How Many Students Can We Save?

In the wake of the recent NCAA scandal over the ability of athletes to monetize their names and likenesses, college sports and fans have long ignored a major problem. The mental health of college athletes has routinely been ignored and forgotten.

Recently, players like Kevin Love and Demar Derozan have spoken out about their troubles managing mental health, but the amateur rank has no one representing them.

A few weeks ago, I was able to have a one-on-one interview with Georgia State’s goalkeeper and Defensive Player of the Week Kendra Clarke. I initially wanted to speak with her and discuss the soccer team and their next matchup, but her awareness and passion for mental health instantly took over our discussion.

College can be an extremely stressful time for any young adult, and the stress only mounts when more responsibilities are added. A student athlete must carry the ferocity from the field and the intelligence from the classroom, all while remaining disciplined and enjoying early adulthood.

“People don’t understand; like, every game you leave, and you got a headache. At least for me. I have a headache because it’s such a mental game for me,” Clarke said. “I don’t have a lot of chances so it’s really easy to get in my own head if I make a mistake. I can spiral out of control if I really let it get to myself.”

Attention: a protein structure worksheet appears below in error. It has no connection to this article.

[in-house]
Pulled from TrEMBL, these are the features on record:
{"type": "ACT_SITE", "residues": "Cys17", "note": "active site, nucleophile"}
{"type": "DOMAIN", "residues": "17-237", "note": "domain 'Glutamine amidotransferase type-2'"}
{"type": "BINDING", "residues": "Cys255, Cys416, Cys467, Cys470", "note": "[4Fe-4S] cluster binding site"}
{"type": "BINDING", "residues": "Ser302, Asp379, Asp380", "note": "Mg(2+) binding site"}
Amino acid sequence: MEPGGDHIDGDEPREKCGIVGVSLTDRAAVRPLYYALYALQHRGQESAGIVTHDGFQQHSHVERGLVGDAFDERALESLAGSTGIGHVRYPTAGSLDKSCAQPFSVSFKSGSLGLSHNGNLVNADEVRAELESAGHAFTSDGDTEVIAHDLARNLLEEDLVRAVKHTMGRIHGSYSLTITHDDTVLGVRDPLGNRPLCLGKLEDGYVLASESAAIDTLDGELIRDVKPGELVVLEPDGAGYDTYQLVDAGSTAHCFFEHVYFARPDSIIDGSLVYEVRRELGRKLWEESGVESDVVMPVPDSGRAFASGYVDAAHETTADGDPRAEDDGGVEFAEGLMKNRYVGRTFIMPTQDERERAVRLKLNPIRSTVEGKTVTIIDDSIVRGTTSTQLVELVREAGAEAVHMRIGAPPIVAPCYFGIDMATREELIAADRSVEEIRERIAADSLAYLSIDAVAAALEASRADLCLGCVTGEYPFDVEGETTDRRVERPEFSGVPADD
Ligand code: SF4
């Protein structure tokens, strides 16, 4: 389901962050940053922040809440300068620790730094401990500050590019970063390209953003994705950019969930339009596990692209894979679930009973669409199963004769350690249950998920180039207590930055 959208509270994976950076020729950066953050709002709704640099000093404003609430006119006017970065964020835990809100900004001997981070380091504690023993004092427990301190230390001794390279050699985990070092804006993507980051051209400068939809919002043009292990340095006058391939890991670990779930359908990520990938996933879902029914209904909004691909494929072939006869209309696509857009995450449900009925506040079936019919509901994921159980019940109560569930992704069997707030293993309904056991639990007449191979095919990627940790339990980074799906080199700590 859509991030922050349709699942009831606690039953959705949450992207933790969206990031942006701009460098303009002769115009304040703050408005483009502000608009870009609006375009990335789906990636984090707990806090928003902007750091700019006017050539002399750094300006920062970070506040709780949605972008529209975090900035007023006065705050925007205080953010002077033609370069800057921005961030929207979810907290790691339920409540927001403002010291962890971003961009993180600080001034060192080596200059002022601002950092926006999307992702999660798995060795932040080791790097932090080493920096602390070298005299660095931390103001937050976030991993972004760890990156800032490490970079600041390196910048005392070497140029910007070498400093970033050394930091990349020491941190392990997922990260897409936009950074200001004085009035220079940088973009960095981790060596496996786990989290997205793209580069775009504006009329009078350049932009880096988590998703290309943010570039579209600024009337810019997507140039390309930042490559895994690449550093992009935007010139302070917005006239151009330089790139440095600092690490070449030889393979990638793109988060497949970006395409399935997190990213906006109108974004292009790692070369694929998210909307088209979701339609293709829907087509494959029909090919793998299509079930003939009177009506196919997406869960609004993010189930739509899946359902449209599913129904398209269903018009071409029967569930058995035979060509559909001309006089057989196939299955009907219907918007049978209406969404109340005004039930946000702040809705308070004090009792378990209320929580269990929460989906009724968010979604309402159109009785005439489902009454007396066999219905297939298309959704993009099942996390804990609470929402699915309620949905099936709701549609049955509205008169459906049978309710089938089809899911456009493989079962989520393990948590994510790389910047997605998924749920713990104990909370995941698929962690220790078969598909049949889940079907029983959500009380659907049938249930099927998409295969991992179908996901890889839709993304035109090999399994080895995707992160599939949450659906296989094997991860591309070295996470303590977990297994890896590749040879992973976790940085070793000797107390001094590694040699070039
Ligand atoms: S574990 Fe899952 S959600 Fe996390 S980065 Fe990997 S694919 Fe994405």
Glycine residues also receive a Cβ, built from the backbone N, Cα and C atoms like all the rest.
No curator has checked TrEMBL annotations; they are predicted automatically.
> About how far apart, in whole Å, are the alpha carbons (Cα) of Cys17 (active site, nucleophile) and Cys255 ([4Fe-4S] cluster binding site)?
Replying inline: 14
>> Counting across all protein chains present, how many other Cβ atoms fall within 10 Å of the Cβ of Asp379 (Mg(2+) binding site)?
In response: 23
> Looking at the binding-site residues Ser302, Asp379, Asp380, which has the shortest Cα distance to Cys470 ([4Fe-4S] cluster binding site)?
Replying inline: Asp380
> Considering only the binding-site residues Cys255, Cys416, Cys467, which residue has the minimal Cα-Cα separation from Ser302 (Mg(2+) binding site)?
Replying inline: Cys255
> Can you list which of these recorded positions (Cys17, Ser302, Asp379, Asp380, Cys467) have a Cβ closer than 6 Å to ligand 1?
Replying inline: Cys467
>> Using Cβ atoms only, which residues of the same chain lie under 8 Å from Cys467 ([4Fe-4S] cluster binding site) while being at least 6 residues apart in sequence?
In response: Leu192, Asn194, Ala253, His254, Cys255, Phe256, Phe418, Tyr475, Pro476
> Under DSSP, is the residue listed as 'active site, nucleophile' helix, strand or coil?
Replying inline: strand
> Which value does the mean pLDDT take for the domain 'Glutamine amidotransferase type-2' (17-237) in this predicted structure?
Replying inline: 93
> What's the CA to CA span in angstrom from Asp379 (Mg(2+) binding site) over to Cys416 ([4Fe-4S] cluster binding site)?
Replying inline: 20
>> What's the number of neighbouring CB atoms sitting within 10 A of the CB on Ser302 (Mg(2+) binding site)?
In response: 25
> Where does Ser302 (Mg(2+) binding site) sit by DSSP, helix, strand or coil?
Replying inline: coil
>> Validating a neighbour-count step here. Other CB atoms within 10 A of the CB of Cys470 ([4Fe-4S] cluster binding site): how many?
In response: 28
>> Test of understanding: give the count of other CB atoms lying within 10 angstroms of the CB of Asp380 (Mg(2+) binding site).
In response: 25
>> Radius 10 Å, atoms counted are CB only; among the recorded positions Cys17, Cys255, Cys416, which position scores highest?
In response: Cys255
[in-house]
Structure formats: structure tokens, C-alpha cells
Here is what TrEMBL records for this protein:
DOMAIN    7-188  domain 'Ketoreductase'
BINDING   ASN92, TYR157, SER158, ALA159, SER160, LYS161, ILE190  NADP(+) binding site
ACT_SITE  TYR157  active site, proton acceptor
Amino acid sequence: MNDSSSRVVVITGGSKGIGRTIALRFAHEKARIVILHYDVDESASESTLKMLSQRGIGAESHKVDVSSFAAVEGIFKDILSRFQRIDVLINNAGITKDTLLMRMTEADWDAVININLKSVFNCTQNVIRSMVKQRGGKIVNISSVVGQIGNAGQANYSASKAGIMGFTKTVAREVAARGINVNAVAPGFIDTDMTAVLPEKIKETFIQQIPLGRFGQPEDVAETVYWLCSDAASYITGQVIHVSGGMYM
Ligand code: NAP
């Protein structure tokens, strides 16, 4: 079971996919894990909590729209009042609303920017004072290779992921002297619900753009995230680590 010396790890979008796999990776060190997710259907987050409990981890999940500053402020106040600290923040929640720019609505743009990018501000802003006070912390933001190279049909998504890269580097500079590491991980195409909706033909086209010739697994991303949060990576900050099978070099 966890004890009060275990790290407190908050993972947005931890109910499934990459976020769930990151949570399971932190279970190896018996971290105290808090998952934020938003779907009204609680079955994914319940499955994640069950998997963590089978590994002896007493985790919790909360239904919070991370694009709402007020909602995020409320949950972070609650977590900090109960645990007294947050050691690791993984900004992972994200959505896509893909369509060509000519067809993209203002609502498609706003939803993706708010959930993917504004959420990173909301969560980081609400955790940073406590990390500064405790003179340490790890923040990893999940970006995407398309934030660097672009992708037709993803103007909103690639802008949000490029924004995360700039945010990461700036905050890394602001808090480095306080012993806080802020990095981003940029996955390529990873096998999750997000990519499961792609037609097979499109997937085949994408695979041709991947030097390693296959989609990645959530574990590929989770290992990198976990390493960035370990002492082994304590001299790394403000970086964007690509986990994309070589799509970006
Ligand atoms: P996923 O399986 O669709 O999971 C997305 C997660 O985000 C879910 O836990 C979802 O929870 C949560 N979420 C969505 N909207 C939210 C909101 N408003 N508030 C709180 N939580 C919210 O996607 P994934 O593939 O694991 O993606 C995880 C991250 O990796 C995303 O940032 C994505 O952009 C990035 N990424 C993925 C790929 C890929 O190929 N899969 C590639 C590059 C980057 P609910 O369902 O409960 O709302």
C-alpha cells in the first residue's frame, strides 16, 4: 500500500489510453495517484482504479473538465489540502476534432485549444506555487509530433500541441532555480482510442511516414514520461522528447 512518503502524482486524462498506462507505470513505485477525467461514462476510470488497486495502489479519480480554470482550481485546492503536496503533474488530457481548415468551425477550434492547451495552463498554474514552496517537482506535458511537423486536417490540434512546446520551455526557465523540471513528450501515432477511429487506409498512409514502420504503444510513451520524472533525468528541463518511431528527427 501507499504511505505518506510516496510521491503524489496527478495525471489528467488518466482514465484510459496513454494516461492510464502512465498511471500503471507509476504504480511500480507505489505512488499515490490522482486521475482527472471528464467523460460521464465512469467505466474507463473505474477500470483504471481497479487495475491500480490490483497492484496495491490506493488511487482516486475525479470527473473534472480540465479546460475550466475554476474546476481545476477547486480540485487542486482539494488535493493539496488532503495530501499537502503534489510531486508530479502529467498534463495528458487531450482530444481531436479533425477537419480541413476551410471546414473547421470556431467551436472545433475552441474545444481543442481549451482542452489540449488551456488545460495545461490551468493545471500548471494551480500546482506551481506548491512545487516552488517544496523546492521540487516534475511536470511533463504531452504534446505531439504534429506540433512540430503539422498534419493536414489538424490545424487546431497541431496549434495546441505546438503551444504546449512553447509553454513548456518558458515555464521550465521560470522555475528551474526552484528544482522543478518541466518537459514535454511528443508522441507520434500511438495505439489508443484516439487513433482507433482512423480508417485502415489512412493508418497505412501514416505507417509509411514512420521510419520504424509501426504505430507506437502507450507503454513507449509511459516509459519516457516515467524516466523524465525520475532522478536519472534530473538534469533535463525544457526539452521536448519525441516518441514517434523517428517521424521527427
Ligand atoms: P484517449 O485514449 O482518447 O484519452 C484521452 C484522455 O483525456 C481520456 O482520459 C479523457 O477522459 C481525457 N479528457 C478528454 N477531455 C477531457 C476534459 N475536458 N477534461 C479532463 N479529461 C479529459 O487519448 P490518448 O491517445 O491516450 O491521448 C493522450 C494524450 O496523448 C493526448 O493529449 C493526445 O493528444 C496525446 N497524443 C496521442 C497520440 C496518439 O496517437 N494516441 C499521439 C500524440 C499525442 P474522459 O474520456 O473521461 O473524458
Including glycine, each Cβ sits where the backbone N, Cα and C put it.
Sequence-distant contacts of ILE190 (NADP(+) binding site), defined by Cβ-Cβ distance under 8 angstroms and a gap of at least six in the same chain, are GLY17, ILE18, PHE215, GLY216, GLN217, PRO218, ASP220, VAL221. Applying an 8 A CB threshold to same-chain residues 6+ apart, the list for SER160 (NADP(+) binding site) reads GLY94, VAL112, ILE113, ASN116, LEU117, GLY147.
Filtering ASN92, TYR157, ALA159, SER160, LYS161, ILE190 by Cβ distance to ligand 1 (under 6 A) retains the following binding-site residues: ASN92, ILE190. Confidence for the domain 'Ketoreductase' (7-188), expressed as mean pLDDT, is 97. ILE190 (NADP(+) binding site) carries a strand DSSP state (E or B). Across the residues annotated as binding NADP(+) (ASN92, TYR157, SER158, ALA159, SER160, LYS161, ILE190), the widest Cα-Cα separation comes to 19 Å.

Although institutions are more aware of mental health among college students, fans and common perceptions ignore the enormous stress college students face. According to Inside Higher Ed, nearly one in four college athletes may suffer from depression, so why aren’t we considering them in discussions of mental health?

I believe peers, staff and fans see athletes as superstars instead of students. Collegiate athletes are typically the most popular and high-spirited males or females on campus, so it is hard to imagine any of their struggles. Clarke’s physical abilities and achievements caused for superhero comparison, but the more we talk, the more I related to her. I couldn’t imagine the cost of being an elite goalkeeper because I was blinded by her abilities.

College sports can raise a person’s status, provide a student with amazing experiences and teach lessons on and off the field of play. Clarke explained that her relentless and energetic play came directly from playing soccer.

“Go to the point where you’re comfortable and push five more yards,” she said, referring to her style of play. “It definitely helps in the classroom I would say. Just getting out there and talking to professors and making random comments. Talking to people in the class. It’s an aura so confident that has definitely transitioned throughout my life.”

Along with becoming a soccer coach after college, inspiring kids from back home and pushing the game of soccer forward, Clarke hopes to spread the word on mental health.

“Mental health has always been a really big fight for me, and I definitely advocate for that,” Clarke said. “If anybody struggles with that, they can come to me always. I am always an open book when it comes to that stuff. I know what it is like. I’ll go through different mental health projects.”

I believe she is taking her experiences, going forward and showing the world the life of an athlete. We just have to listen and raise awareness.